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Earth Observation and Geospatial Data Key to Humanitarian Assistance

Corping
Project at a glance

The integration of earth observation and geospatial information for timely and reliable data has become critical for monitoring food security and vulnerabilities associated with disasters and climate change. In Nepal, two-thirds of the population depend on agriculture for their livelihoods, and with uncertainties in weather patterns, the water cycle, and water availability, reliable crop production across the country faces serious challenges.

In adopting the 2030 Sustainable Development Goals (SDG’s), world leaders recognized the important role of earth observation and geospatial data in achieving and monitoring development outcomes of the SDGs. The current Food Security Information System, developed jointly by the Ministry of Agricultural Development (MoAD), the United Nations World Food Programme (WFP), and the International Centre for Integrated Mountain Development (ICIMOD) is an excellent demonstration on heading towards this direction for improved decision making and policy formulation.

The Food Security Information System for Nepal provides a one-stop access point, to compile, analyse, and disseminate important information on food security.

The latest online system includes easy-to-read data regarding regular food security indicators, monthly food market prices, and interactive graphics to map and visualize patterns of food security, poverty, and malnutrition in Nepal.

“As a result of this online platform, we combined information from ICIMOD and NeKSAP (Nepal Food Security Monitoring System), and knew well in advance that we were facing a very serious situation in the Far West. The platform enabled us and gave us the time to put together, with the government, a response so we could reach these remote areas and provide timely assistance,” said Pippa Bradford, WFP Representative and Country Director in Nepal, speaking at the launch of the online food and security information system.

ICIMOD provided satellite imagery based estimates of flood inundation to WFP to support its emergency response after the heavy 2017 monsoon rains, which triggered severe flash floods and landslides in 35 districts. The incessant rainfall critically affected the southern Terai plains causing severe humanitarian crises, displacing thousands of families, damaging houses, and causes losses to agricultural production. The floods affected food security, health and sanitation, and access to basic services. The satellite imagery was instrumental in identifying areas for targeting relief efforts to the affected communities and small area estimates of food poverty were used to calculate the number of food insecure people.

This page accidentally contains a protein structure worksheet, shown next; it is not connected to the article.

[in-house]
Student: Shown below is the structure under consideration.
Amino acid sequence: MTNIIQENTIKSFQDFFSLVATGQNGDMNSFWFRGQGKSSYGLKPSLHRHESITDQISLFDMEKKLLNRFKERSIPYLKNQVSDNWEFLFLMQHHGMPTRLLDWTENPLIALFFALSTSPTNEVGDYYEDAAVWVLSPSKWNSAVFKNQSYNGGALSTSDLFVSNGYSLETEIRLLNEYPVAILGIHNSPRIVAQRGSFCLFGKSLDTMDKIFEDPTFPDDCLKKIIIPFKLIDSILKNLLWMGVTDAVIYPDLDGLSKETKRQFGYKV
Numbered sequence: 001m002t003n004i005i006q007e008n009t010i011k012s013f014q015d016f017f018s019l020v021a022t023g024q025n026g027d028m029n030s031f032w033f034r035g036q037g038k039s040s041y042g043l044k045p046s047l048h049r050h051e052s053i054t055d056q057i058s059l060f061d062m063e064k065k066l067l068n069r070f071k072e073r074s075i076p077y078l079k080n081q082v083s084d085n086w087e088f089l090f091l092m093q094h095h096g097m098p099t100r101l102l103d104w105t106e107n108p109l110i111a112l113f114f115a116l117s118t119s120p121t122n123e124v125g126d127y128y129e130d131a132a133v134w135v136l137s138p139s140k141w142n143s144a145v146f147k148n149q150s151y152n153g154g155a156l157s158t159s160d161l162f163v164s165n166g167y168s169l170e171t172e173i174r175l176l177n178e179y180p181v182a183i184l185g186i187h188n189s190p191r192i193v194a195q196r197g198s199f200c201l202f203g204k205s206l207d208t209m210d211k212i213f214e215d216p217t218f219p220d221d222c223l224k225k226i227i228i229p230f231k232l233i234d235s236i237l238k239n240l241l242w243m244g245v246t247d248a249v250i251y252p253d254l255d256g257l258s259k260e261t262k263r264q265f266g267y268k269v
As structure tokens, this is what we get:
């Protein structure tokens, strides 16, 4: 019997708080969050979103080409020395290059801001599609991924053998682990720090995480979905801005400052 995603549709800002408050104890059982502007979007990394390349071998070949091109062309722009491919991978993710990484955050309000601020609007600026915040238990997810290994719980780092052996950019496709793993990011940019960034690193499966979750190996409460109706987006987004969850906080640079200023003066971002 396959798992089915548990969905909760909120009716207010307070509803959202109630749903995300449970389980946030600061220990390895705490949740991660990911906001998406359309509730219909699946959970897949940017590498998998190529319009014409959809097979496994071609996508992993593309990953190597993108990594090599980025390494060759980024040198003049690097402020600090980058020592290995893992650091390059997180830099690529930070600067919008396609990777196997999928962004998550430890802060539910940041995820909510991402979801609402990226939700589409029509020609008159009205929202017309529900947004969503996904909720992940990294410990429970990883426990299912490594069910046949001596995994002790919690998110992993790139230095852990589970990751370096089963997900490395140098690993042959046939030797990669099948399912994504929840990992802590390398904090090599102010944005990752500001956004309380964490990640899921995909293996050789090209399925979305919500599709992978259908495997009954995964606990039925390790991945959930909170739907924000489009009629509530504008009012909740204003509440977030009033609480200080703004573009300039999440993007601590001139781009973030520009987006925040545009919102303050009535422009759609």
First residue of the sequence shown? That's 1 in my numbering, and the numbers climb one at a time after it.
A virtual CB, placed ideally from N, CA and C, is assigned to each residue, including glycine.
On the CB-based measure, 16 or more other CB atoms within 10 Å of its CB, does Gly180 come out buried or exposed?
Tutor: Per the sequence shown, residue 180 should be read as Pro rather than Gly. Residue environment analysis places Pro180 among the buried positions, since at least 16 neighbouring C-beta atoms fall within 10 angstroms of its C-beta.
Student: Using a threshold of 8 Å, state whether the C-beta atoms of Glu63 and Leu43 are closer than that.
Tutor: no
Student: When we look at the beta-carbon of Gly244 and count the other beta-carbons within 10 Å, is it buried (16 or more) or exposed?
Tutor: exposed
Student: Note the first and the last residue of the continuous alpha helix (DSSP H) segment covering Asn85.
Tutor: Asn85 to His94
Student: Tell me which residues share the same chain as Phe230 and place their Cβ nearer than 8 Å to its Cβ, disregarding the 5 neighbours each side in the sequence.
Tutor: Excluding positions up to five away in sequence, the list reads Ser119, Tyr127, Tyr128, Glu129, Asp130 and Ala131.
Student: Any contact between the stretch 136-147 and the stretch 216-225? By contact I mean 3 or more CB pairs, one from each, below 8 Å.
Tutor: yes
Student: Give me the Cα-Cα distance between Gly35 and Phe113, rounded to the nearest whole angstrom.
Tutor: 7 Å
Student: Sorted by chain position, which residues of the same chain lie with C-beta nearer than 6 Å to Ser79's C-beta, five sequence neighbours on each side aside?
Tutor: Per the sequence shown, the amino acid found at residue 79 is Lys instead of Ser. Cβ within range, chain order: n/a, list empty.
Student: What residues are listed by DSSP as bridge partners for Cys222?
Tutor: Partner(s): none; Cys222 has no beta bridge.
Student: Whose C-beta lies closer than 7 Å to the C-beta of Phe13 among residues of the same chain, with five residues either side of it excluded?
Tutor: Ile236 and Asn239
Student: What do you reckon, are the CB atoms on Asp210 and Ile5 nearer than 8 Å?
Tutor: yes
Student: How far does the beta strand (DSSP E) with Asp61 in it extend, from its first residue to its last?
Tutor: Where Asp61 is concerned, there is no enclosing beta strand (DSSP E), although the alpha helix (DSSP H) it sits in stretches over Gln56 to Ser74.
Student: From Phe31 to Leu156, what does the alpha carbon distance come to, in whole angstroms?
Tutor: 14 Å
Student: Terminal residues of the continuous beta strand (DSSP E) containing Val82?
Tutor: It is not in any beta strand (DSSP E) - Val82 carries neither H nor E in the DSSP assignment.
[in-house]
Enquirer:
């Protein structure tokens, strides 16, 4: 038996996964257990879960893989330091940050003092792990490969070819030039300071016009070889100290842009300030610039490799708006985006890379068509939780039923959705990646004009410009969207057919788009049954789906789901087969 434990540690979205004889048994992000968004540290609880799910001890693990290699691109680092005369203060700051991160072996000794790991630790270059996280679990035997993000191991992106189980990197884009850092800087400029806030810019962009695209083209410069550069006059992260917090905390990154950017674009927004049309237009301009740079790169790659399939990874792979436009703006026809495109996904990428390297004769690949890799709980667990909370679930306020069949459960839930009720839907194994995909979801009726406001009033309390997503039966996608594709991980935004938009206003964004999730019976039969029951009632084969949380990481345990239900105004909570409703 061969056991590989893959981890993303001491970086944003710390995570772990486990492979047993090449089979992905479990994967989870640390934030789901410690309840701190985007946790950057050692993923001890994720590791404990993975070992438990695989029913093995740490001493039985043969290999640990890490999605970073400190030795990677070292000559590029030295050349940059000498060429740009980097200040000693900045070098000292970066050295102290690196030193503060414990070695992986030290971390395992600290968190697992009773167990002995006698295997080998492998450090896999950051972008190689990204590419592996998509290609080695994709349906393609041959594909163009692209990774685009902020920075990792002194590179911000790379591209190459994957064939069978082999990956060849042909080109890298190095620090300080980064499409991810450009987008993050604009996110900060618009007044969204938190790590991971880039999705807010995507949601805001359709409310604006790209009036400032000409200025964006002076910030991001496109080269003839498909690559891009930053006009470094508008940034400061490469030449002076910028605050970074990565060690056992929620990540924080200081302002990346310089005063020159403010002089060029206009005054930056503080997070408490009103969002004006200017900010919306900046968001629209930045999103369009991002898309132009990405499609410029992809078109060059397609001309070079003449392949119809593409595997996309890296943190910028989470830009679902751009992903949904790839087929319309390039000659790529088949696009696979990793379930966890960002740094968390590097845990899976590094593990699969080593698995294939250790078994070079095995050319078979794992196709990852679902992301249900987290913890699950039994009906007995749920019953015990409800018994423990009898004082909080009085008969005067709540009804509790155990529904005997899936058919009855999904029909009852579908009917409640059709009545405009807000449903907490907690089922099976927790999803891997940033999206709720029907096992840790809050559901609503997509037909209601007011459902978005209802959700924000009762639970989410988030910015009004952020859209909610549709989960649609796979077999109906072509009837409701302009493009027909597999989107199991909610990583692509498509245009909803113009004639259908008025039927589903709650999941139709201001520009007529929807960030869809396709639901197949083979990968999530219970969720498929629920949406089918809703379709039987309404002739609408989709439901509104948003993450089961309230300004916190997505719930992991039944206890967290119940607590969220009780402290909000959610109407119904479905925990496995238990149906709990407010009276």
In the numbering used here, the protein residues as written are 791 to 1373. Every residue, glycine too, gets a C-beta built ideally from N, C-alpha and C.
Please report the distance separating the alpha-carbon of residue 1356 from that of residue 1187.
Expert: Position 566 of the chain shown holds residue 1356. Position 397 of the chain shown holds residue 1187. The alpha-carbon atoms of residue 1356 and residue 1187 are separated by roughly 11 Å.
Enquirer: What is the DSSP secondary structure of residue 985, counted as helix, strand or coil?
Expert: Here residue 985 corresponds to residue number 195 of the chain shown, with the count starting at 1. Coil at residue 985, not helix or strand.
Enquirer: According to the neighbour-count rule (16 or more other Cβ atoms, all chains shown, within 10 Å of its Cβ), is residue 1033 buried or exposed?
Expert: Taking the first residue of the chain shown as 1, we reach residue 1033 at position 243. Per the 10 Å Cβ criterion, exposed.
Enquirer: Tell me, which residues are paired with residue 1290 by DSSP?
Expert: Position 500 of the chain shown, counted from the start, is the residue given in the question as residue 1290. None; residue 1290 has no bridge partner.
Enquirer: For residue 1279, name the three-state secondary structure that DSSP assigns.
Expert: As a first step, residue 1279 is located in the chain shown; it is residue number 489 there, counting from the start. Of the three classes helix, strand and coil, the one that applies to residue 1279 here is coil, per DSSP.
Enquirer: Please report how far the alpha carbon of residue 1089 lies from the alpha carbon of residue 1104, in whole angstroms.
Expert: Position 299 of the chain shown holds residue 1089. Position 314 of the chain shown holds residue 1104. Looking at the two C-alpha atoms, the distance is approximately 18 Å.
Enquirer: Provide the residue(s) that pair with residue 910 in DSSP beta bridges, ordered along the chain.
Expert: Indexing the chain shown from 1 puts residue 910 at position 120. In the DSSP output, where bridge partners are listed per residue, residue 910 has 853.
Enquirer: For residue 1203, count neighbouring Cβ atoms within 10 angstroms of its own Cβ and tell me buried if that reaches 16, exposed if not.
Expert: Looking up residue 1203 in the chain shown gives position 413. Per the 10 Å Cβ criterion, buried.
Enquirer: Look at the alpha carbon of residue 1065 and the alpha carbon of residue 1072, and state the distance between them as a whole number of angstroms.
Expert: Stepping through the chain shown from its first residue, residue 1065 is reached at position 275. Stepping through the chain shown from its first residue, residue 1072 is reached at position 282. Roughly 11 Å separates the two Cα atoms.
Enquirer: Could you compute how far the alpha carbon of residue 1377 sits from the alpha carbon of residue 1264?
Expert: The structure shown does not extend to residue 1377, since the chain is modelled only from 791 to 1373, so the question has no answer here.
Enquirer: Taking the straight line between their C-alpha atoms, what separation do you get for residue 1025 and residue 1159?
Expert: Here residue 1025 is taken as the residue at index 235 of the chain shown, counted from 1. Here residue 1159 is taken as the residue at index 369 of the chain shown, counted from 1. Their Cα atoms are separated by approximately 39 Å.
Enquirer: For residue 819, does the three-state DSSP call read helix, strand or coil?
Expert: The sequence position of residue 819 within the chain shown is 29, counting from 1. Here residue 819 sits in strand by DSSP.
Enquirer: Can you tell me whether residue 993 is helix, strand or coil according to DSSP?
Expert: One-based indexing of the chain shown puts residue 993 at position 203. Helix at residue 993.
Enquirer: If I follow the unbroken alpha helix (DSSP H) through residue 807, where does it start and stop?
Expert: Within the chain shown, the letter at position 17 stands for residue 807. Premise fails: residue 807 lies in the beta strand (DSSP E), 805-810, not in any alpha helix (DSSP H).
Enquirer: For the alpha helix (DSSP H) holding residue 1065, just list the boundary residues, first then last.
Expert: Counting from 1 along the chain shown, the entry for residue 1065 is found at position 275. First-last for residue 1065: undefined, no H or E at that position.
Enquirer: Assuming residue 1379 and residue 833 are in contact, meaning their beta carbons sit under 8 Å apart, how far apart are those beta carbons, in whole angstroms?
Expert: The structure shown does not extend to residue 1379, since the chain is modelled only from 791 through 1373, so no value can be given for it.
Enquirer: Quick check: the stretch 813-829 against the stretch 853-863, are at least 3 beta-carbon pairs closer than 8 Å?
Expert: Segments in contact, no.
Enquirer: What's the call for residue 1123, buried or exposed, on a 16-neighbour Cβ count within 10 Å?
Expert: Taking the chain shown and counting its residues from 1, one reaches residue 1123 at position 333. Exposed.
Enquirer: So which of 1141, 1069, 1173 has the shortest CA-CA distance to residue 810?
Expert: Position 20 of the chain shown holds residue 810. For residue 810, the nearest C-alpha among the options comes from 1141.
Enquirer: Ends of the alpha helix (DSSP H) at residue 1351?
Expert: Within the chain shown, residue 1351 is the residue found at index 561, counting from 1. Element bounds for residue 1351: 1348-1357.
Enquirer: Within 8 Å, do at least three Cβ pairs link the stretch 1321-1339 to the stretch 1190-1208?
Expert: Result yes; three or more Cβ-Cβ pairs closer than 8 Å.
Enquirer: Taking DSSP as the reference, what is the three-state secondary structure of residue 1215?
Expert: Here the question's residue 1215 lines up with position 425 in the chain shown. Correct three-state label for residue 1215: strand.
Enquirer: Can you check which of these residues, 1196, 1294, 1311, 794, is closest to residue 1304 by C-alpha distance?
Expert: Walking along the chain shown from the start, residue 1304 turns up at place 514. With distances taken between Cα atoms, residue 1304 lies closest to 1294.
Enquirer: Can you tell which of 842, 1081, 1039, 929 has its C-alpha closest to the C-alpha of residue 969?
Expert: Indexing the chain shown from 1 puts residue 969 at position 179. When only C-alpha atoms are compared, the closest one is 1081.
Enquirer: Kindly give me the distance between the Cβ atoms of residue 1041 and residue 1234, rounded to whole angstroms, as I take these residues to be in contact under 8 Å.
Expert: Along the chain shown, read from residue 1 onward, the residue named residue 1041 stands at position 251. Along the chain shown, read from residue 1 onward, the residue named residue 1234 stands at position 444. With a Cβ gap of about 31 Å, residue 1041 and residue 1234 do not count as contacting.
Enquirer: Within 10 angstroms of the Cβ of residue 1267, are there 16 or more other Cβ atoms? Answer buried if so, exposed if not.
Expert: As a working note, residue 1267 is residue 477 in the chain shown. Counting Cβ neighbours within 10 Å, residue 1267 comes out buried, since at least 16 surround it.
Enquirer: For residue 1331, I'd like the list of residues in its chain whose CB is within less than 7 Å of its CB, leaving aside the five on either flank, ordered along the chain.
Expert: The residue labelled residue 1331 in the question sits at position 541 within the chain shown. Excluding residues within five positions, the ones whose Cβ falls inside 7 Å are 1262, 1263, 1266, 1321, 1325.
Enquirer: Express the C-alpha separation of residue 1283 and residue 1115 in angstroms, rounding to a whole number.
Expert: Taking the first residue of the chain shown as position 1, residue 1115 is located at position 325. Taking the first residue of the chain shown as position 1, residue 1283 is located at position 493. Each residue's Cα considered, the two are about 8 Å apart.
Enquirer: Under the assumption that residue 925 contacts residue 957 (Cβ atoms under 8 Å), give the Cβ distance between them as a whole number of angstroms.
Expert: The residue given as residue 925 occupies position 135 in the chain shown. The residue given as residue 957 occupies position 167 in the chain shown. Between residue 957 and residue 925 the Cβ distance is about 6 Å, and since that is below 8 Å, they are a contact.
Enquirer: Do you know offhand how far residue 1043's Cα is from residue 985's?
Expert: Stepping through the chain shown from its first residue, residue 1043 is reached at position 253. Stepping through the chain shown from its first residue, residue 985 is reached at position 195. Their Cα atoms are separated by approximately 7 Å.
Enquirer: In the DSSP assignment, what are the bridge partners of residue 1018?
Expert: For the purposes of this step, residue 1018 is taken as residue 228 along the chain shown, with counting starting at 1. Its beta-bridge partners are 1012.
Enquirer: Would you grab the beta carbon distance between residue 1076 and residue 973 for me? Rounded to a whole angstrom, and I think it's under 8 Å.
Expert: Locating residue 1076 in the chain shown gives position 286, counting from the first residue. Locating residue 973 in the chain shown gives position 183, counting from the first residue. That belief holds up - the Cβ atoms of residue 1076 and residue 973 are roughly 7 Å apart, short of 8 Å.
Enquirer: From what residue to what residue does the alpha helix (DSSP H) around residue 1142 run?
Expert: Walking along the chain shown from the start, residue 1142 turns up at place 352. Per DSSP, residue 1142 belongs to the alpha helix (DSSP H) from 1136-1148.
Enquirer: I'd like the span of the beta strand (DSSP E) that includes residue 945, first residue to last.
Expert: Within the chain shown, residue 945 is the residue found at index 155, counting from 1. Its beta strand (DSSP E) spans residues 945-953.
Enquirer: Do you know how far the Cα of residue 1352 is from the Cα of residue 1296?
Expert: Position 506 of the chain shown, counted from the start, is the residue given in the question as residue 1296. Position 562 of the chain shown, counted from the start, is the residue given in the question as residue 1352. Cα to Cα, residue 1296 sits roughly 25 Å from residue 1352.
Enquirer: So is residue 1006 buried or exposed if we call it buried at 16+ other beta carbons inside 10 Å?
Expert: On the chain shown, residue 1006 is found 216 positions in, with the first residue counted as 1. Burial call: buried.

Additionally, in 2016, when remote districts of Western Nepal experienced their worst drought in 40 years, WFP used earth observation information and analyses provided by the SERVIR Hindu Kush Himalaya (SERVIR-HKH) initiative at ICIMOD. These products helped WFP to identify and provide food assistance worth USD 1 million to areas that were most in need.

During the launch, Bradford also recalled Somalia’s severe drought crisis of 2011, “We did not have an information system or an early warning system so the drought percolating in the heart of Africa was completely invisible to the humanitarian community. We had absolutely no idea, no preparation, and we immediately went into action to aid nearly 300,000 starving Somalis when they arrived at the camp. But thankfully today we have the necessary information system in place and I think we should all value it.”

To increase the effectiveness of relief and rescue efforts, WFP recently renewed its memorandum of understanding (MoU) with ICIMOD to improve food security monitoring and analysis using earth observation (EO) technologies—remote sensing, geospatial products, and field-based assessments. With this agreement, WFP and ICIMOD aim to provide timely information on potential agricultural production, flood and drought early warnings, and food security situations for the benefit of mountain and downstream communities and their environment.

“Seventeen SDGs are inherently geospatial in nature and keeping track of progress on these indicators essentially require tools, technologies, and professional capacity in applying GIS. We expect that our work will improve the adoption of data collection standards and the harmonization of data and information for creating high quality national and regional databases to support transparent decision making processes,” said David Molden, Director General, ICIMOD, also speaking at the launch.

Molden emphasized that the use of sound data and intelligent mapping tools are key to better understanding complex socio-economic and biophysical systems and that ICIMOD will continue to contribute to enhancing capacities and strengthening regional information networking through the use of information services on key priorities defined by national governments.

The Mountain Environment Regional Information System (MENRIS) programme of ICIMOD aims to contribute to effective evidence-based decision-making processes by governments, communities, and individuals using scientific data and geospatial technologies in the areas of agriculture, environment, and natural resources.